Normal text files do not have any special header information attached to them to explicitly specify type. However, some operating systems (like MacOS, OS/2 and BeOS--Windows and Linux only in a more limited sense) have mechanisms to attach extended attributes to files; increasingly, MIME header information is stored in such extended attributes. If this happens to be the case, it is possible to store MIME header information such as:
Content-Type: text/plain; charset=UTF-8
Nonetheless, having MIME headers attached to files is not a
safe generic assumption. Fortunately, the actual byte
sequences in Unicode files provides a tip to applications. A
Unicode-aware application, absent contrary indication, is
supposed to assume that a given file is encoded with
A non-Unicode-aware application reader the same file will find
a file that contains a mixture of ASCII characters and high-bit
characters (for multi-byte
UTF-8 encodings). All the
ASCII-range bytes will have the same values as if they were
ASCII encoded. If any multi-byte
UTF-8 sequences were used,
those will appear as non-ASCII bytes, and should be treated as
non-character data by the legacy application. This may result
in non-processing of those extended characters, but that is
pretty much the best we could expect from a legacy application
(that, by definition, does not know how to deal with the
UTF-16 encoded files, a special convention is followed
for the first two bytes of the file. One of the sequences
0xFF 0xFE or
0xFE 0xFF act as small headers to the file.
The choice of which header specifies the
endianness of a
platform's bytes (most common platforms are little-endian, and
0xFF 0xFE). It was decided that the collision risk
of a legacy file beginning with these bytes was small, and
therefore these could be used as a reliable indicator for
UTF-16 encoding. Within a
UTF-16 encoded text file, plain
ASCII characters will appear every other byte, interspersed
0x00 (null) bytes. Of course, extended characters will
produce non-null bytes, and in some cases double-word (4 byte)
representations. But a legacy tool that ignores embedded nulls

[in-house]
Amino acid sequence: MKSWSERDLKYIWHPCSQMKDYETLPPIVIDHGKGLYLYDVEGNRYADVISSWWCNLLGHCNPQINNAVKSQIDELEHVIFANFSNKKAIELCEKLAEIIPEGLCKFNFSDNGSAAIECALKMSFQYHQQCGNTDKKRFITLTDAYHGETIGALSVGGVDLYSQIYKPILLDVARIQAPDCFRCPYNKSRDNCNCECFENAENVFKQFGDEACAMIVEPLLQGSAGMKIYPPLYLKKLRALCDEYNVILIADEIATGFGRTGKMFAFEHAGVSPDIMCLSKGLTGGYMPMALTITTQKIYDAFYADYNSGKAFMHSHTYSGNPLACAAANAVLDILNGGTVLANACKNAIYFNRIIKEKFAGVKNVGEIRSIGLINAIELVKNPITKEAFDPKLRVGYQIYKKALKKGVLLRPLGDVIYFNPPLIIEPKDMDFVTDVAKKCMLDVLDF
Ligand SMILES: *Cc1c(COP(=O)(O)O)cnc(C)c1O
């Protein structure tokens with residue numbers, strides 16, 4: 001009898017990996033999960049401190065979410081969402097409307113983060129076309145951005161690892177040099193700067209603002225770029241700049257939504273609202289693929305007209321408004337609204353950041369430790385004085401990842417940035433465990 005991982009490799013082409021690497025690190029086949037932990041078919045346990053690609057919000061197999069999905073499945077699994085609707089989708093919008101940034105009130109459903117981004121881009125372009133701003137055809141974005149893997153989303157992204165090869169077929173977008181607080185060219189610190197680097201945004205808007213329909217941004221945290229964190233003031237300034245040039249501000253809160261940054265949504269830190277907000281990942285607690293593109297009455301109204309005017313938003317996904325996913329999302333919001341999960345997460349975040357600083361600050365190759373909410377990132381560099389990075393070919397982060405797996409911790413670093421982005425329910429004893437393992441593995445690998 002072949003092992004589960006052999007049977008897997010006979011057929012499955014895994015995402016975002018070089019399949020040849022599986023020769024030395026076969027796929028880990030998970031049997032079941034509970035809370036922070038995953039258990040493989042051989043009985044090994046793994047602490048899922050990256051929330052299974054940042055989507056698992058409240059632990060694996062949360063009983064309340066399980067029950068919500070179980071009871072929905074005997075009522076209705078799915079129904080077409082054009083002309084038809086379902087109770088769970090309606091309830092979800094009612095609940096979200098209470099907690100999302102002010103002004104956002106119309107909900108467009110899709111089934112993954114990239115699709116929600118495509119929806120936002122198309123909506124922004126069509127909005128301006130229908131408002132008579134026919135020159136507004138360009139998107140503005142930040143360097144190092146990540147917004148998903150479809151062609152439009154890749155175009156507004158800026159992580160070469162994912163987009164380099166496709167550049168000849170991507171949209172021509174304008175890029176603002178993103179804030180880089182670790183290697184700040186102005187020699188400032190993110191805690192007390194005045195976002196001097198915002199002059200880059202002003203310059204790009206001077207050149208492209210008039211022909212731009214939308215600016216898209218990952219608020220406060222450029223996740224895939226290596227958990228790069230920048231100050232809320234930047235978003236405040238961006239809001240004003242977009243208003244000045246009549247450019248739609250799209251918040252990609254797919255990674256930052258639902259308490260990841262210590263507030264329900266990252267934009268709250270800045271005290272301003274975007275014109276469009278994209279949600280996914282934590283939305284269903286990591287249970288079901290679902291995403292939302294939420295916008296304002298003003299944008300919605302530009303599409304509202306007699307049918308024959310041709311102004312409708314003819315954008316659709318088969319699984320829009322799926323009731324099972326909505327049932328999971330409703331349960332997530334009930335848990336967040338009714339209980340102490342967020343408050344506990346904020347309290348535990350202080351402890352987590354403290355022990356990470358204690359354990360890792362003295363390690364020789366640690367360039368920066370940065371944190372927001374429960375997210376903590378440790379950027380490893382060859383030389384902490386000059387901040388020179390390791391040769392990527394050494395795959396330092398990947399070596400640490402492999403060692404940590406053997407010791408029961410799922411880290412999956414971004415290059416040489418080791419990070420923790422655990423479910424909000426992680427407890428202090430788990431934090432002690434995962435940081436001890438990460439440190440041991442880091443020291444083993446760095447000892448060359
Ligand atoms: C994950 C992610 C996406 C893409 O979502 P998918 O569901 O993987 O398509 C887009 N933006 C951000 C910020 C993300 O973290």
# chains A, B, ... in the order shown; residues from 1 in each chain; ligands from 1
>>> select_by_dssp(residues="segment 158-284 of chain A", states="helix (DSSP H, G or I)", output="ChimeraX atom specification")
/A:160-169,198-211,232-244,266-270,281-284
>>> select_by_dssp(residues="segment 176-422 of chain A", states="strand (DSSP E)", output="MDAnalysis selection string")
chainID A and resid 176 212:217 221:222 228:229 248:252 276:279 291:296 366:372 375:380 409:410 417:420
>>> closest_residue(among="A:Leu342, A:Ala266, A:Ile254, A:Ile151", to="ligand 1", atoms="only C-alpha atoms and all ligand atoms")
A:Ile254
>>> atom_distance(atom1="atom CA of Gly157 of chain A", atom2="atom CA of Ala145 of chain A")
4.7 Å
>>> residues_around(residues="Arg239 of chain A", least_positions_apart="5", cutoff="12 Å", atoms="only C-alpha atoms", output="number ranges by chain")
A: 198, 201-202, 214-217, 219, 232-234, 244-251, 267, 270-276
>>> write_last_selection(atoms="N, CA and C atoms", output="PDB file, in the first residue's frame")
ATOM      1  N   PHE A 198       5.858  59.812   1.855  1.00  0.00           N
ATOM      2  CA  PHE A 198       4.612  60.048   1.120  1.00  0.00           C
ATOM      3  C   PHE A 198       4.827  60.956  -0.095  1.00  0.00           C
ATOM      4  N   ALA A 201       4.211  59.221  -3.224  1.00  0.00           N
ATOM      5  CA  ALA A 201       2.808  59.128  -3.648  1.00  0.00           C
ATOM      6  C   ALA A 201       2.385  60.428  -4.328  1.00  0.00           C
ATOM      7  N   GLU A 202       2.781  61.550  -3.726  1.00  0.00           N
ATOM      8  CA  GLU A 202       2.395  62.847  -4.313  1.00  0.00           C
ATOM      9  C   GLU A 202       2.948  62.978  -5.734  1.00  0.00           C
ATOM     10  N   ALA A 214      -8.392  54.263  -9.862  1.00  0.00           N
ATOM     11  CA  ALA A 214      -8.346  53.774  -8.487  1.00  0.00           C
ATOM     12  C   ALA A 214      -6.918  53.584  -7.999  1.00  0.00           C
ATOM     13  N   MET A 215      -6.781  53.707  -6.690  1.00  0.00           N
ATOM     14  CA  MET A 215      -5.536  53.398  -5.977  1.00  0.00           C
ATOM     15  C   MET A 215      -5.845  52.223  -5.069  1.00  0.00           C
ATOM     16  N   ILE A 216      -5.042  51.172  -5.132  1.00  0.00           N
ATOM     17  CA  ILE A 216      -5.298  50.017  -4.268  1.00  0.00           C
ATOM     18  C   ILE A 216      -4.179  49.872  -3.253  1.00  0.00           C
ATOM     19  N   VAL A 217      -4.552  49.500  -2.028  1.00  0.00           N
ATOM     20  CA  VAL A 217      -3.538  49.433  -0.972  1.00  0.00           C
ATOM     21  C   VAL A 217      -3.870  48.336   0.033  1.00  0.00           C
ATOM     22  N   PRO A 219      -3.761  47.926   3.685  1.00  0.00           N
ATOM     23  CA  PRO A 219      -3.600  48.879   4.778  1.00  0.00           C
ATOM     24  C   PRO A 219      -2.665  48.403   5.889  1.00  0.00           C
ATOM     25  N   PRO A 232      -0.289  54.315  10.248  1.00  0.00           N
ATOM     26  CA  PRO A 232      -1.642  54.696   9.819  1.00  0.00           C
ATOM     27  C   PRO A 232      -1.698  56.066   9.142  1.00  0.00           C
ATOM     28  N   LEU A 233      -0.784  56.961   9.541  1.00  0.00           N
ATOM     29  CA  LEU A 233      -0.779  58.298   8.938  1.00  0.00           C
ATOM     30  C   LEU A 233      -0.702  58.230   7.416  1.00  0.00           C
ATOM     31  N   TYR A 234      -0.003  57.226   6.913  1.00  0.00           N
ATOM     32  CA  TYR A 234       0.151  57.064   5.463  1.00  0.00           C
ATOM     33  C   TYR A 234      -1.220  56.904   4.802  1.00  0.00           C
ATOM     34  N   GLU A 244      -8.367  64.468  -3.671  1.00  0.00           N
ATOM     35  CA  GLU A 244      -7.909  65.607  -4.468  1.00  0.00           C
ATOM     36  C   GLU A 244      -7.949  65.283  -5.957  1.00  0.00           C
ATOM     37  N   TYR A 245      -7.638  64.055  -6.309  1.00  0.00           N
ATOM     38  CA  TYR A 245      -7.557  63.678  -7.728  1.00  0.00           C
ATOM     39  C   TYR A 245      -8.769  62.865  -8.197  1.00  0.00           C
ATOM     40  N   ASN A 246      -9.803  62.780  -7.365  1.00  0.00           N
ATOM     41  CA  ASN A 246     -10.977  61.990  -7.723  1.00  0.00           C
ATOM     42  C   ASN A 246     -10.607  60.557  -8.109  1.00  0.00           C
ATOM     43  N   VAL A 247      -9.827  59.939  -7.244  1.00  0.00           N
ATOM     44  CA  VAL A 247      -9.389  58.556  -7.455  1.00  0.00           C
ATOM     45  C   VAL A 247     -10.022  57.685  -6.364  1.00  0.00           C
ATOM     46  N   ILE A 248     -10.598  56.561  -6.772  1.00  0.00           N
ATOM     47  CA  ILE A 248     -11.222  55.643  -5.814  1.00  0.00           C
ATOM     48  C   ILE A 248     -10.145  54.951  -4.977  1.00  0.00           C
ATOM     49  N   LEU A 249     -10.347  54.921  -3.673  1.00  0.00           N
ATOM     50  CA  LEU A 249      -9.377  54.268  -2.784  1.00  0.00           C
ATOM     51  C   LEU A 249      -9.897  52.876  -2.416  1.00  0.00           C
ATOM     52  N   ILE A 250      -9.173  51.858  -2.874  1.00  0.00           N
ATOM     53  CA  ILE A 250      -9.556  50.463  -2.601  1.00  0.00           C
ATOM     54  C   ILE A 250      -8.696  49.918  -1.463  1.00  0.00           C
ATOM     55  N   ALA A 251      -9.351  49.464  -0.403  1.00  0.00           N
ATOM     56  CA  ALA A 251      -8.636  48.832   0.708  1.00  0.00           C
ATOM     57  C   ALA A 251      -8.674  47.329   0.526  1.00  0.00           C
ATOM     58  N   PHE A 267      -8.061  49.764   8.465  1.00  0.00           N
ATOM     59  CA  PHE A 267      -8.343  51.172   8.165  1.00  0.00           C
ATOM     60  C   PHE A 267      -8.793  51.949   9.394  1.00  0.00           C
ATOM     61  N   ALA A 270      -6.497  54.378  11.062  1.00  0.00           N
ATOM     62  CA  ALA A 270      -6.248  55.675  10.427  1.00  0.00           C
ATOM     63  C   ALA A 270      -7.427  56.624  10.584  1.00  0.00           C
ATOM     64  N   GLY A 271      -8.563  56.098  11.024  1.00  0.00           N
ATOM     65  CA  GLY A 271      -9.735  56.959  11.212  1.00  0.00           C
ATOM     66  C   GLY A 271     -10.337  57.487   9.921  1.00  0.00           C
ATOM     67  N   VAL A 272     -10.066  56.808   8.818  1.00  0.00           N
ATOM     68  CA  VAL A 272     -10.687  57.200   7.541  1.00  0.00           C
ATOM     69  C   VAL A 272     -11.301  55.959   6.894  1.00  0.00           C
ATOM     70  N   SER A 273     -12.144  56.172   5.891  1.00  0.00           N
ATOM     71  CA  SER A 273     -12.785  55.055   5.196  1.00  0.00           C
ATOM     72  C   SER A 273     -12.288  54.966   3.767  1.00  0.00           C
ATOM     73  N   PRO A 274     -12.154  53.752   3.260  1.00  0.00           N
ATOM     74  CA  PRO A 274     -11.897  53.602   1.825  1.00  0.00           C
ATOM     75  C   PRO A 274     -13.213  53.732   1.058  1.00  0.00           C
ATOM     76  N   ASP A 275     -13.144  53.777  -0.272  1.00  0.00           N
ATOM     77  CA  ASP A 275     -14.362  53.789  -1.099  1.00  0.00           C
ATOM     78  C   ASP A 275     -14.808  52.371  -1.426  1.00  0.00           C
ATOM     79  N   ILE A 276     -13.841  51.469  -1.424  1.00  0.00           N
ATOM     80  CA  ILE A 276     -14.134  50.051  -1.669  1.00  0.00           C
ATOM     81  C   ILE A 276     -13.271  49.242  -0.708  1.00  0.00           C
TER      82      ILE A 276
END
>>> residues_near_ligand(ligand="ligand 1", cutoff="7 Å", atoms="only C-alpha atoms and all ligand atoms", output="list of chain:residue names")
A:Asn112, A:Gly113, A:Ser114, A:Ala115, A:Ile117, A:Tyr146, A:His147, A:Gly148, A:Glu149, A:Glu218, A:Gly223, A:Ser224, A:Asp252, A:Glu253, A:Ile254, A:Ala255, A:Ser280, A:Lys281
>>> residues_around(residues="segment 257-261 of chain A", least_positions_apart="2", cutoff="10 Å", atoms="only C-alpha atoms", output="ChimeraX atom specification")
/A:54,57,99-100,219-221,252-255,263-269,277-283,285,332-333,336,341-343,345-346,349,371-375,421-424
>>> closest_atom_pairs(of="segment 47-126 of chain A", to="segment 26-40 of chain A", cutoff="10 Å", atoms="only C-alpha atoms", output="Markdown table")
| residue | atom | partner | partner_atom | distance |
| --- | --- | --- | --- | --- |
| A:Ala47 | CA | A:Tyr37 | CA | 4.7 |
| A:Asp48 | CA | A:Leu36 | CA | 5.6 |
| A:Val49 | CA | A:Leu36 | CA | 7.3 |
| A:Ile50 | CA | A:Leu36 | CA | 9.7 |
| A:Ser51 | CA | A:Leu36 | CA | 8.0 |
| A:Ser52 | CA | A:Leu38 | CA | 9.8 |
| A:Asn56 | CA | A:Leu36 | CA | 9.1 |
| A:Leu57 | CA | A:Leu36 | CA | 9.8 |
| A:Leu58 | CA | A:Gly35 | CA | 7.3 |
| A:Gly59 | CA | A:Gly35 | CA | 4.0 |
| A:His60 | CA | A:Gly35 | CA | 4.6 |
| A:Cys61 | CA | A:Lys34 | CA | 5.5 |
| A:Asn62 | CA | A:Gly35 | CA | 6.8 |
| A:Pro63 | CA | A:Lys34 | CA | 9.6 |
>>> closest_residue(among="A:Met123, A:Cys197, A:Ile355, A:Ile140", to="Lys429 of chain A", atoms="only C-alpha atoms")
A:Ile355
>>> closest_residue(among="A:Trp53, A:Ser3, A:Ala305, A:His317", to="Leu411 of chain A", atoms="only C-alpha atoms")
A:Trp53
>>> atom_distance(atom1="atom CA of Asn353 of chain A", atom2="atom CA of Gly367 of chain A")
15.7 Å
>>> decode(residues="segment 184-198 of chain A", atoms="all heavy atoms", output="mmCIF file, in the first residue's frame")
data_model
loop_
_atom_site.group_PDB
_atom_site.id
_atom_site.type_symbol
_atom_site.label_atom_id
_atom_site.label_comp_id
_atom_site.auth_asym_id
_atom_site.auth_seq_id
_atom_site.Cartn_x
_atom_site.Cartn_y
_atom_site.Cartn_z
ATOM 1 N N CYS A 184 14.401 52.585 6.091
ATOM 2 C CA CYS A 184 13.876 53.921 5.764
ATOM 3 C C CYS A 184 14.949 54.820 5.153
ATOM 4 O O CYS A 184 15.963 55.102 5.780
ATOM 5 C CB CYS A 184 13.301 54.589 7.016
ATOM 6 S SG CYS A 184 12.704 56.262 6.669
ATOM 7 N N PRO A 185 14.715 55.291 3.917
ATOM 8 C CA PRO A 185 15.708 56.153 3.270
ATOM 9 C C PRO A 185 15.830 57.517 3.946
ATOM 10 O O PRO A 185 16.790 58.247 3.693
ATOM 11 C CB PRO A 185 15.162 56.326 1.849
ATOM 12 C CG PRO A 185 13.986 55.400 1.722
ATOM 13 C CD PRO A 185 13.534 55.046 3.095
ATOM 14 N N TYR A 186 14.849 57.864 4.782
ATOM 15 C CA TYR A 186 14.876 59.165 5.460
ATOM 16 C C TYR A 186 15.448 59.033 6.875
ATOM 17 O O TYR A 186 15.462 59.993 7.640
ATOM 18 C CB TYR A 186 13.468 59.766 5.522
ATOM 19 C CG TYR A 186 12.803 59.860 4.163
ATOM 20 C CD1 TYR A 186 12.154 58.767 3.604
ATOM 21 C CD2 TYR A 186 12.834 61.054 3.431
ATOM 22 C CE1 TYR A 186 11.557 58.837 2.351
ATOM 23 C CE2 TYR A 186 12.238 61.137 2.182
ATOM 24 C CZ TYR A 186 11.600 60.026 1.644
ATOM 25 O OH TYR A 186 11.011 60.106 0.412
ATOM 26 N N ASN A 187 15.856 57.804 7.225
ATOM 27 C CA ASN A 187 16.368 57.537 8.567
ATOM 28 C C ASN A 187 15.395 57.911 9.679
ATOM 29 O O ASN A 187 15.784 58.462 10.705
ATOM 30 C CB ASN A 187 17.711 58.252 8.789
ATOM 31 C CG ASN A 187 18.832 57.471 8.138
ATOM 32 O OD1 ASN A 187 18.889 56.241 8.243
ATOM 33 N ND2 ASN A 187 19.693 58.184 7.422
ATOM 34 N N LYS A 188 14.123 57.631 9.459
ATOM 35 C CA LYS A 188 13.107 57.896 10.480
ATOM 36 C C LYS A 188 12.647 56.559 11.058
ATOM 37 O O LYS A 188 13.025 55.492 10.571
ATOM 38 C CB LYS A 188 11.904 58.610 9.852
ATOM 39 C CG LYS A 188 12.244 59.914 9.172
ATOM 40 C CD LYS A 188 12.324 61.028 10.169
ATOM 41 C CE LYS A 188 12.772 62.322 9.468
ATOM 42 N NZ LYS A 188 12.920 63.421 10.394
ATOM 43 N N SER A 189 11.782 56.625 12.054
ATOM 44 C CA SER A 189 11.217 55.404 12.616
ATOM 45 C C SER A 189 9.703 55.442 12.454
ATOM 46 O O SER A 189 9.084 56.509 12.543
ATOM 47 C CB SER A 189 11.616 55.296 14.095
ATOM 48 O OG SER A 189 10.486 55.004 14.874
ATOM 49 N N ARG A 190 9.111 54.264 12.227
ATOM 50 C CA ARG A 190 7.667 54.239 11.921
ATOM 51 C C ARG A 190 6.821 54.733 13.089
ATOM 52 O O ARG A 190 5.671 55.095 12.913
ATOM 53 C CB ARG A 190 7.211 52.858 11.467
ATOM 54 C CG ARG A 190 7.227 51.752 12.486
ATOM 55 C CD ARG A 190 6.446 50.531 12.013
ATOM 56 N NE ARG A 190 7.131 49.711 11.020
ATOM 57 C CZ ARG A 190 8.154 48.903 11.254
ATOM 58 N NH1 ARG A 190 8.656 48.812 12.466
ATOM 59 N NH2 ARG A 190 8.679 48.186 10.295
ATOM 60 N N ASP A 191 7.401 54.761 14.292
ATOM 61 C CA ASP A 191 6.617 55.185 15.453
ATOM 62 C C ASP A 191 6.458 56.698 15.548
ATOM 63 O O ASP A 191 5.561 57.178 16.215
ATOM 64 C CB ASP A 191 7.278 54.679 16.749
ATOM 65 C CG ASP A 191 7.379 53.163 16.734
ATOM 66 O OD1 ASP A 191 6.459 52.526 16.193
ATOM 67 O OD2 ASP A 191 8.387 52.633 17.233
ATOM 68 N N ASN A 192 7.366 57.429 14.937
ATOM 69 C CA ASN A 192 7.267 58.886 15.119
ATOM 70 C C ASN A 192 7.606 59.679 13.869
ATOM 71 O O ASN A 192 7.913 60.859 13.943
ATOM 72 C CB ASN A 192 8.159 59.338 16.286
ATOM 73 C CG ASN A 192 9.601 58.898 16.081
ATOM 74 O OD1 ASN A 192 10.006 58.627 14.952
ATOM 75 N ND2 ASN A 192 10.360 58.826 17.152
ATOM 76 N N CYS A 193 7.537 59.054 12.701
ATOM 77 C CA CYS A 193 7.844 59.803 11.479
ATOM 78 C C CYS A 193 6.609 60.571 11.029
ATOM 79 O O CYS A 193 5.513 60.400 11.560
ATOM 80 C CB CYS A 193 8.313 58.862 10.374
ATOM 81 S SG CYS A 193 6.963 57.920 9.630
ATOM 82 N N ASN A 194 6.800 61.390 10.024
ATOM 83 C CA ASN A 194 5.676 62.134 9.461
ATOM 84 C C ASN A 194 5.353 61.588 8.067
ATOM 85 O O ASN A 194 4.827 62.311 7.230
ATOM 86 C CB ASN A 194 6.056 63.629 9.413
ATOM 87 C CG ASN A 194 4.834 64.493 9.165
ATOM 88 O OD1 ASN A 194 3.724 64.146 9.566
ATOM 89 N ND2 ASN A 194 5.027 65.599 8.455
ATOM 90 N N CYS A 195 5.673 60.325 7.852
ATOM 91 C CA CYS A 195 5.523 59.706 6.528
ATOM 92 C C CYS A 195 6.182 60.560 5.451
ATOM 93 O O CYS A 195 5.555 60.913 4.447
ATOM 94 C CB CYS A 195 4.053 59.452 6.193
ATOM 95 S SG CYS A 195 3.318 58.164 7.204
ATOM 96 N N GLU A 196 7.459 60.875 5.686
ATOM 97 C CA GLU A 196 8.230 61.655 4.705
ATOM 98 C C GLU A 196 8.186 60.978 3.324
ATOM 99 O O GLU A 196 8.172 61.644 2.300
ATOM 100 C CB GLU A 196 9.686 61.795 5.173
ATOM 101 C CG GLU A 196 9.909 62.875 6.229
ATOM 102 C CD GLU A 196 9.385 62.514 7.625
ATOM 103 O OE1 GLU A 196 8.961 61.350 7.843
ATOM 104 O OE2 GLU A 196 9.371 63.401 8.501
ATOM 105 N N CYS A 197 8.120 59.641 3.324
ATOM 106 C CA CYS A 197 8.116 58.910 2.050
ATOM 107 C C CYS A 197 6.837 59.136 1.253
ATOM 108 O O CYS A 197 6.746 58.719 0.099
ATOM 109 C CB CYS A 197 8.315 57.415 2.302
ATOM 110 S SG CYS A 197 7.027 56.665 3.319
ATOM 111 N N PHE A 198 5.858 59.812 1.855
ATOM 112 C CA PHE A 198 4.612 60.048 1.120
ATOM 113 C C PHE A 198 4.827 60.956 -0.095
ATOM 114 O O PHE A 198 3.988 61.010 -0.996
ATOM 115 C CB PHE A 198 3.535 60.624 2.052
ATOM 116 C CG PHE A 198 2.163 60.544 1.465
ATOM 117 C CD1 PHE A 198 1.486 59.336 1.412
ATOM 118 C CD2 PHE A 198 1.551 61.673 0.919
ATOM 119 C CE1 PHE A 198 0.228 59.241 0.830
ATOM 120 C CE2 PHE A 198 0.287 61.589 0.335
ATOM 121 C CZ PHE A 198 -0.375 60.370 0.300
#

will wind up doing the right thing with
UTF-16 encoded files,
even without knowng about Unicode.
Many communications protocols--and more recent document specifications--allow for explicit encoding specification. For example, a HTTPd application (a web server) can return a header such as the following to provide explicit instructions to a client:
HTTP/1.1 200 OK Content-Type: text/html; charset:UTF-8;
Similarly, an NNTP, SMTP/POP3 message can carry a similar
Content-Type: header field that makes explict the encoding to
follow (most likely as
text/plain rather than
however; or at least we can hope).
HTML and XML documents can contain tags and declarations to
make Unicode encoding expicit. An HTML document can provide a
hint in a
META tag, like:
<META HTTP-EQUIV="Content-Type" CONTENT="text/html; charset=UTF-8">
META tag should properly take lower precedence
than an HTTP header, in a situation where both are part of the
communication (but for, e.g., a local HTML file such an HTTP
header does not exist).
In XML, the actual document declaration should indicate the Unicode encoding, as in:
<?xml version="1.0" encoding="UTF-8"?>
Other formats and protocols may provide explicit encoding specification by similar means.
More-or-less definitive information on all matters Unicode can be found at:
The Unicode Consortium:
ISO 8859 Alphabet Soup:
Unicode Technical Report #17--Character Encoding Model:
Yudit Unicode Text Editor:
A number of TrueType Unicode fonts can be found at:
A brief history of ASCII:
About The Author
David Mertz knows a little bit about a lot of things, but a lot about fewer things than he once did. The smooth overcomes the striated. David can be reached at email@example.com; his life pored over athttp://gnosis.cx/publish/. Suggestions and recommendations on this, past, or future, columns are welcomed.